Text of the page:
When a stranger reached out to Zoë François on Instagram and asked if her teenage daughter could stay with François on a visit to the Twin Cities, François realized things had changed.

The pastry chef and bestselling cookbook author had long had a public presence on the social media platform. But since her show, "Zoë Bakes," began airing on the Magnolia Network and Discovery+ last year, more people have been transported to her Minneapolis kitchen for genial lessons on cake decorating and the art of meringue. As a testament to François' warm home and welcoming demeanor, some fans have started to think of her as a friend.

"I have to say I was very touched by the whole thing — and she did not stay here," François said about the interaction. "It's just funny when you open your home up in that way, people actually feel invited to come over."

Becoming a television personality "has been really fun in ways that I maybe hadn't predicted," François said.

She's not the only Minnesota chef whose life has been transformed by the spotlight. With "Zoë Bakes," François joins a growing cadre of local food stars who are representing the state on the airwaves.

Justin Sutherland might be one of the most visible. He is currently appearing on three shows airing on different networks, including as a contestant on the third season of "Guy Fieri's Tournament of Champions," which premieres Feb. 27 on the Food Network. What Sutherland has been able to convey about his home state on television is close to his heart.

"It's not just Midwest meat and potatoes," he said. "Minnesota — although we're Midwestern, we're kind of a cultural melting pot. We're showing the vast variety of food that comes out of here."

Every kind of food show has tapped Minnesota talent. Sutherland, a "Top Chef" alum and winner of "Iron Chef America," has cornered the market on fast-paced competitions that pit restaurant chefs against one another, and is now transitioning into more of a host role.

For educational cooking lessons that touch on the state's agricultural roots, there's Amy Thielen's "Heartland Table," and Molly Yeh's "Girl Meets Farm."

For challenging and enlightening conversations about food and culture, check out "Relish," hosted by Union Hmong Kitchen chef Yia Vang, and the Andrew Zimmern-produced shows "Family Dinner," "What's Eating America" and "Breaking Bread."

Perhaps no one has had more of a hand in boosting the Minnesota food scene on television than Zimmern.

Appearing on TV for more than 15 years, beginning with the long run of the "Bizarre Foods With Andrew Zimmern" on the Travel Channel, Zimmern and his production company Intuitive Content are behind a number of food-related shows that feature local chefs, including "Zoë Bakes," a web series with Travail chef Mike Brown and an upcoming TV project with Vang.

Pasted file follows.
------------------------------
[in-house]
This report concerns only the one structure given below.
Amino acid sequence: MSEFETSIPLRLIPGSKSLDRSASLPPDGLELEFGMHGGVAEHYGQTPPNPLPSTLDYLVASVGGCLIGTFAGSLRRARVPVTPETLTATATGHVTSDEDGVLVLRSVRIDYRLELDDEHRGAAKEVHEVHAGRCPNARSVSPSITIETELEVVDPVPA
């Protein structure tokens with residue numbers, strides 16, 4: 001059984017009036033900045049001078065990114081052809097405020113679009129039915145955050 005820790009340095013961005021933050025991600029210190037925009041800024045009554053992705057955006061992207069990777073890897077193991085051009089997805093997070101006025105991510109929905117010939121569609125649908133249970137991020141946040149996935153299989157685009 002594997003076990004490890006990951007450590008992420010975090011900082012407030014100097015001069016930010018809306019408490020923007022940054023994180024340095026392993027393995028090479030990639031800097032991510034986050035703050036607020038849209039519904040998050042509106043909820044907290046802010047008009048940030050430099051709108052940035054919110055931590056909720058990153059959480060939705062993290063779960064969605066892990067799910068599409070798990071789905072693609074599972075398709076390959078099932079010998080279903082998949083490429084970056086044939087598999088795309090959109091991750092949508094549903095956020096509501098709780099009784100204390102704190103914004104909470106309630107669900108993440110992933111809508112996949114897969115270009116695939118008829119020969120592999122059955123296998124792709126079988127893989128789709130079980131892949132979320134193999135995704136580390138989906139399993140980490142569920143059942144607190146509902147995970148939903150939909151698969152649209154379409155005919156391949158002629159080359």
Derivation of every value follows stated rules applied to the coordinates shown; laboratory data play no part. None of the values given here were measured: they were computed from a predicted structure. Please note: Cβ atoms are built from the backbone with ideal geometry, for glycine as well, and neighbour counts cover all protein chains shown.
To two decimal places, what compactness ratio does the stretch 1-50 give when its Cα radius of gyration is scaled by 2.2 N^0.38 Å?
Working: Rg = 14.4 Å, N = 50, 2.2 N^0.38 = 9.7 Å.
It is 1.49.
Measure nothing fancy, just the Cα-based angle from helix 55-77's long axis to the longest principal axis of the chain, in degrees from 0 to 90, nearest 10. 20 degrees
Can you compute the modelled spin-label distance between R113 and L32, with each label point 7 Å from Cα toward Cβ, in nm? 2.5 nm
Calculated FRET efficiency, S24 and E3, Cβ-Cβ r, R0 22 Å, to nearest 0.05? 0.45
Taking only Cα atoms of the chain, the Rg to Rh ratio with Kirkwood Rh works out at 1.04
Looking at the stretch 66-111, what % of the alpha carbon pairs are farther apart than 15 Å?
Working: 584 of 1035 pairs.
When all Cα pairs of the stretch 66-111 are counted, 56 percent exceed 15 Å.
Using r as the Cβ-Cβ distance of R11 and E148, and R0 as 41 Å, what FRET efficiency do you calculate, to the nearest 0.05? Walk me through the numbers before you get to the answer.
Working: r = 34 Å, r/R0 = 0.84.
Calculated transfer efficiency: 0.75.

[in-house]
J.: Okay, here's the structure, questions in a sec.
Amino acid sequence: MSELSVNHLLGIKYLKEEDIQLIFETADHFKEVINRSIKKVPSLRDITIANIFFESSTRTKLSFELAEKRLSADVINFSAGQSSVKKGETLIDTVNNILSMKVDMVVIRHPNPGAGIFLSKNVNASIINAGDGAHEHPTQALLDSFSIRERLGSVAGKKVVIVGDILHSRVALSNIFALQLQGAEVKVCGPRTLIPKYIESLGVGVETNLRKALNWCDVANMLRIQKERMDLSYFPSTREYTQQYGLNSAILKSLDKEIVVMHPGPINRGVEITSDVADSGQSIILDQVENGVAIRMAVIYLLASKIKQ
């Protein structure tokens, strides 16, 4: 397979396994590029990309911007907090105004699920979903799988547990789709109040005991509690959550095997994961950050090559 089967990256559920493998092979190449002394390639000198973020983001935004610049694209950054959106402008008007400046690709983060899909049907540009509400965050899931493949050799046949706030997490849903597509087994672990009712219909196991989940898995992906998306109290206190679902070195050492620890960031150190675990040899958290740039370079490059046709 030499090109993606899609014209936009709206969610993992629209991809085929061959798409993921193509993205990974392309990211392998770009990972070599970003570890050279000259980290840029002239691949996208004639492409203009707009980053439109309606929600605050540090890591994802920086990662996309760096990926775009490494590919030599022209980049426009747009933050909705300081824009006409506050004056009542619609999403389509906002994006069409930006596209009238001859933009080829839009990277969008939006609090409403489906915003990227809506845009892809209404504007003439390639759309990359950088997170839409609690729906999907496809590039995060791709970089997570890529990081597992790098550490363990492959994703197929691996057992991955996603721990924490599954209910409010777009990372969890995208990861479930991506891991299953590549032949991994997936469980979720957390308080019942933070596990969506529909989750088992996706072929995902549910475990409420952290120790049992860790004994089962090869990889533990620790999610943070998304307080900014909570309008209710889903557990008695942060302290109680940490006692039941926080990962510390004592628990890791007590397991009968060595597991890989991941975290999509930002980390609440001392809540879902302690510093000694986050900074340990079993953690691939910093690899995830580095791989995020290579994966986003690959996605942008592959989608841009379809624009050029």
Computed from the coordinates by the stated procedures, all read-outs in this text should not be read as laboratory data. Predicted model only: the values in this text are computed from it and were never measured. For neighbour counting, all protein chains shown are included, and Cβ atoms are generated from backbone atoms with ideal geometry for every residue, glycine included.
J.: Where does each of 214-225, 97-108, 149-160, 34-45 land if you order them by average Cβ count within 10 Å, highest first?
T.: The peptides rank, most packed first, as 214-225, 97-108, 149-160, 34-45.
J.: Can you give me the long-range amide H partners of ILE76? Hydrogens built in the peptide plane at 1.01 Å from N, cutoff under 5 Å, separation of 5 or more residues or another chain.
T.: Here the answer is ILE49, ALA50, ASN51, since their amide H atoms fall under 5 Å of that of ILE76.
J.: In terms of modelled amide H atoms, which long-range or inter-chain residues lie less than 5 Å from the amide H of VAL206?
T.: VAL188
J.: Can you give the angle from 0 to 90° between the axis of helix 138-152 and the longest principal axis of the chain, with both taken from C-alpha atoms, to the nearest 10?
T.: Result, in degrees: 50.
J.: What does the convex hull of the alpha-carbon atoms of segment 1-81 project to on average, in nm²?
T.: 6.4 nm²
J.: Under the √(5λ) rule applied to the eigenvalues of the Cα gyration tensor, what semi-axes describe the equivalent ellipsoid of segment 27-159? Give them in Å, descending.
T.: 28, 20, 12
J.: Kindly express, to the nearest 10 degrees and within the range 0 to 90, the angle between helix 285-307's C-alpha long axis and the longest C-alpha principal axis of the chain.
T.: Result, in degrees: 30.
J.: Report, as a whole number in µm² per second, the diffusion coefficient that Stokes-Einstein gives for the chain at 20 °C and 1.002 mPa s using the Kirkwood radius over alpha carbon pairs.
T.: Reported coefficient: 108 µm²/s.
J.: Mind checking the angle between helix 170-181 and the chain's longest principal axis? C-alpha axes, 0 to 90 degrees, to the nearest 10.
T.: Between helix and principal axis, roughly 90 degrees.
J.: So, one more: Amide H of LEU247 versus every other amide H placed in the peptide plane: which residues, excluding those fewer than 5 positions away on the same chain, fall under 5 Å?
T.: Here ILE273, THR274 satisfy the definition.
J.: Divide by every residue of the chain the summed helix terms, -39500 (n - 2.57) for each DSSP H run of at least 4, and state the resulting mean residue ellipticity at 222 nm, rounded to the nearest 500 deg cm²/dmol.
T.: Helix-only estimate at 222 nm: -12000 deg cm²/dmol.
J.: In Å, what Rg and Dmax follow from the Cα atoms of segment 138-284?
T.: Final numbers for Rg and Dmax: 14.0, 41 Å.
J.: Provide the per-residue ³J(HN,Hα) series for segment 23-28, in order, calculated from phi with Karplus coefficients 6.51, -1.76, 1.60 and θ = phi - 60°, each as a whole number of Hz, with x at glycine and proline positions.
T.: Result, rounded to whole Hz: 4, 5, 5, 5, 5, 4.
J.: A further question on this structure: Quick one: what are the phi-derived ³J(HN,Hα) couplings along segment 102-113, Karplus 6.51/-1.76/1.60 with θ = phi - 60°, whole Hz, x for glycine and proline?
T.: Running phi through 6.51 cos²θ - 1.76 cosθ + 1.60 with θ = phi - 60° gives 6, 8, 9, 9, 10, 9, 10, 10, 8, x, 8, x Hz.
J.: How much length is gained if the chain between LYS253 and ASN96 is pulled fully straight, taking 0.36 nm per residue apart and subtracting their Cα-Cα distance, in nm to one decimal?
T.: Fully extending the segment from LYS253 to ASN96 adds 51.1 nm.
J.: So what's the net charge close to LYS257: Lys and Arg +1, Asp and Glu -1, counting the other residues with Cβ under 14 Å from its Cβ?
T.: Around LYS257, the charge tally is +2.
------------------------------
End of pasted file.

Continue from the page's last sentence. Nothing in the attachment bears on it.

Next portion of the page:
"I wanted to make as much content here as I could," Zimmern said. "I think people are seeing that we are a hotbed of talented, creative people that speak from the heart."

What viewers across the country might not realize, he said, is that Minnesota is already at the center of almost every food story. Whether talking about baking or bacon, traditions in the kitchen and on the farm have always been celebrated here in how we pass on knowledge to future generations, and in the way we eat.

"Look at all the baking shows that are on TV right now. Minnesotans have never stopped baking from scratch, when in other big cities, it kind of got lost," Zimmern said. "People talk about farm to table. We don't have to reconnect to farming in Minnesota. We all live in it."

The increased visibility of Minnesotans on TV comes at a time when the state, and the city of Minneapolis in particular, have gotten outsize attention in national media — and not just because of its world-class restaurant scene. Local food celebrities are taking on the additional challenge of telling more of the city's story.

"We literally started filming the show during the riots after George Floyd was murdered, so this show and all of the other shows are coming at a very interesting time for this city," said François, who takes viewers on picturesque "field trips" to visit with farmers, bakers and food producers throughout the Twin Cities.

"We all love this city so much and there's so much to this city that the world doesn't see," François said. "We're still eating, we're still trying to support our restaurants, and bakers, and creative people. Clearly, we have a lot of work to do. But we're multidimensional, and we have tons to offer."